Jennifer Keeton had refused to treat gay clients, and Maria Salcido alleged that racial bias kept her from finishing her family therapy degree.

JudgesTools IconThere have been at least three recent lawsuits involving students in the mental health professions and allegations of discrimination. In recent rulings, universities prevailed in two of those suits: Jennifer Keeton’s case against Augusta State University, and Maria Salcido’s case against Southern Miss University. The third case, in which Julea Ward sued Eastern Michigan University, remains in court.

In 2010, Jennifer Keeton sued Augusta State. The school had expelled her from its counseling program after she had said many times over in classes and in meetings with school officials that she would not counsel gay or lesbian clients. The university offered Keeton a remediation plan, with the hope of aiding her in not imposing her values on clients. Keeton claimed the university was trying to force her to change her religious beliefs. The university insisted that the intent of the remediation was in keeping with the ACA Code of Ethics. The ACA Code requires that counselors not impose their values on clients, regardless of what the counselor’s personal values may be.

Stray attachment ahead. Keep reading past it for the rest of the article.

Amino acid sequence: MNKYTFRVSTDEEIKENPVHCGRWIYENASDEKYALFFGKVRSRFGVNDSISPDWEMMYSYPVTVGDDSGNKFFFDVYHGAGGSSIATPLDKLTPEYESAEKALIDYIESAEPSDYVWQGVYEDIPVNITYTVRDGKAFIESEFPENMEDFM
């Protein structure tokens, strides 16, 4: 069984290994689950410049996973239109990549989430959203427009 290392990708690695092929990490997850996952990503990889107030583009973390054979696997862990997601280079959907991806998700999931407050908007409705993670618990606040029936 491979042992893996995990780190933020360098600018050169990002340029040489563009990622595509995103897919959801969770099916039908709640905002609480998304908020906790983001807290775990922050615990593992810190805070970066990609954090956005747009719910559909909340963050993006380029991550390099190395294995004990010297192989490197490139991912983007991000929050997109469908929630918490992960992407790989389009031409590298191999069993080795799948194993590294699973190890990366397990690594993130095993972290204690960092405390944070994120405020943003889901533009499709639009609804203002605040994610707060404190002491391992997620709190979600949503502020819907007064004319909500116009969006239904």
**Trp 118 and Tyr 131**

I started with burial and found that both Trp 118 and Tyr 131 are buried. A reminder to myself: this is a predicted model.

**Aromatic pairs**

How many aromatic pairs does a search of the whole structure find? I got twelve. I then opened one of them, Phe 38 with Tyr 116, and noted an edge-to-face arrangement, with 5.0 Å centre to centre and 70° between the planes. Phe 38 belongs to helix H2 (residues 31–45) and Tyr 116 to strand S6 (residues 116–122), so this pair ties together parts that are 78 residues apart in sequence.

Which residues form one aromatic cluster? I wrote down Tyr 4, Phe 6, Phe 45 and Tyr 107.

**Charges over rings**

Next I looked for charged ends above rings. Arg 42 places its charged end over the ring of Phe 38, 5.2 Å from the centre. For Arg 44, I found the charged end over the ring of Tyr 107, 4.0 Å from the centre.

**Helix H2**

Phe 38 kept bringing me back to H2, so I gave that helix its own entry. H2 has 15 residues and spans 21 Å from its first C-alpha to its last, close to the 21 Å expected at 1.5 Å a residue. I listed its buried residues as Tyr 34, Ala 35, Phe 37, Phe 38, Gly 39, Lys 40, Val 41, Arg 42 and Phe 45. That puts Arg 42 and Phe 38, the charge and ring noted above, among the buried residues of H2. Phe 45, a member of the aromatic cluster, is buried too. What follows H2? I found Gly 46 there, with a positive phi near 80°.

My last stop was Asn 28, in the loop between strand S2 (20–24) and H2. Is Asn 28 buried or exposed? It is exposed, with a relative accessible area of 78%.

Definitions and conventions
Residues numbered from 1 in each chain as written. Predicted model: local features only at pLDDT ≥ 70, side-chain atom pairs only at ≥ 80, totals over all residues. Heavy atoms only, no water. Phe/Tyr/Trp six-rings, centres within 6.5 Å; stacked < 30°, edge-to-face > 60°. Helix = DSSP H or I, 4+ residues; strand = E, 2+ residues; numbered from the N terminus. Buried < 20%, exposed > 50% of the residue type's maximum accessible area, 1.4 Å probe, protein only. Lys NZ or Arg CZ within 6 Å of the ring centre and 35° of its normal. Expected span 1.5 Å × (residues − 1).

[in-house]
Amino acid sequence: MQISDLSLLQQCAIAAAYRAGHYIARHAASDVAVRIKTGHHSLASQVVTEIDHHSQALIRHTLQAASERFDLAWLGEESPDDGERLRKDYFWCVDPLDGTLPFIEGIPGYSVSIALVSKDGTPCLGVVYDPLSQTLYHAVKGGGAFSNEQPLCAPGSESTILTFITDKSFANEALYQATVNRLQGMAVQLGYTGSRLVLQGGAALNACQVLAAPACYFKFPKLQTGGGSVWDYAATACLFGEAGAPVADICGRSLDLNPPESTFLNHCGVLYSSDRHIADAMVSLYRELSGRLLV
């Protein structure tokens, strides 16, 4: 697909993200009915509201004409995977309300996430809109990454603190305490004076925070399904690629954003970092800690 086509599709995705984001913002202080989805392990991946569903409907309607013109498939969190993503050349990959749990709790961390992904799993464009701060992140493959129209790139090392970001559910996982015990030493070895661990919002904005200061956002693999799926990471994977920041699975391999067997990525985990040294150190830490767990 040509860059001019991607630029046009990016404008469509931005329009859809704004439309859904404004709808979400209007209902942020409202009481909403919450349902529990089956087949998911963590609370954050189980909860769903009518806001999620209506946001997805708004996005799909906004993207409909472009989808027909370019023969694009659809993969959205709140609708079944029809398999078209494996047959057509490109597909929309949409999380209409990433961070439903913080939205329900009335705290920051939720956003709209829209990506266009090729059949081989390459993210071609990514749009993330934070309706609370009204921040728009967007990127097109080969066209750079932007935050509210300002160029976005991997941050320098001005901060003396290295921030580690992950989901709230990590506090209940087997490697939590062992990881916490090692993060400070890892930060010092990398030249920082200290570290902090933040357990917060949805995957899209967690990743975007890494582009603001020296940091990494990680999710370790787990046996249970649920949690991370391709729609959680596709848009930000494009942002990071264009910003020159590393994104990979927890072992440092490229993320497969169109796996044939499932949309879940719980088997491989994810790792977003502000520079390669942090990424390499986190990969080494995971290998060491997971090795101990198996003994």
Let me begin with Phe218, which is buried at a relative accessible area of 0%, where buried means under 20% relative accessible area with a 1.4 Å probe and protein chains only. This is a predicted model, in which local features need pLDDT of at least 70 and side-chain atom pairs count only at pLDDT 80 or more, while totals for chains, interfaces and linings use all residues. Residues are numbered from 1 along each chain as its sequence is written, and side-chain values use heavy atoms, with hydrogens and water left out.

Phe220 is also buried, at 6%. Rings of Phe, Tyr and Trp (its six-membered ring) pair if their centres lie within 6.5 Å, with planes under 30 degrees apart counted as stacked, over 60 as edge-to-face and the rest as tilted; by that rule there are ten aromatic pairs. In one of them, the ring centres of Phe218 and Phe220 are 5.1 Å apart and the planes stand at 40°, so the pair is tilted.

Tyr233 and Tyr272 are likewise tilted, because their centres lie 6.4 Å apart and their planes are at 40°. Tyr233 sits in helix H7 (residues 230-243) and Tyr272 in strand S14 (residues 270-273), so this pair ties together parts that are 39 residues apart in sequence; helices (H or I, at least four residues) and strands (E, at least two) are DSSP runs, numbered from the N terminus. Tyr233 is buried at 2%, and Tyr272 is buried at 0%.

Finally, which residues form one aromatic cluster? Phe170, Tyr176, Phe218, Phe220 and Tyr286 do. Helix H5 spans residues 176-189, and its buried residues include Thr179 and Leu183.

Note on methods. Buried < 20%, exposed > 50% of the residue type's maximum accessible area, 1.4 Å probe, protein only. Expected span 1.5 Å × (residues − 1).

A federal district court last month ruled in favor of the university. Importantly, the judge in the case also reinforced the importance of professional ethical codes, noting

[W]hen someone voluntarily chooses to enter a profession, he or she must comply with its rules and ethical requirements. […] The ACA and ASCA Codes, with their emphasis on the counselor’s role in facilitating personal client growth and self-determination, both expressly proscribe the imposition of a counselor’s personal views in counseling situations.

The AAMFT Code of Ethics, like most professional codes, includes a non-discrimination statement. Interestingly, the AAMFT Code does not include the kind of clear prohibition against professionals imposing their own personal values that is found in the codes of other organizations. At best, it is implied in the AAMFT Code. That could become important if an MFT program is ever challenged in court over similar issues.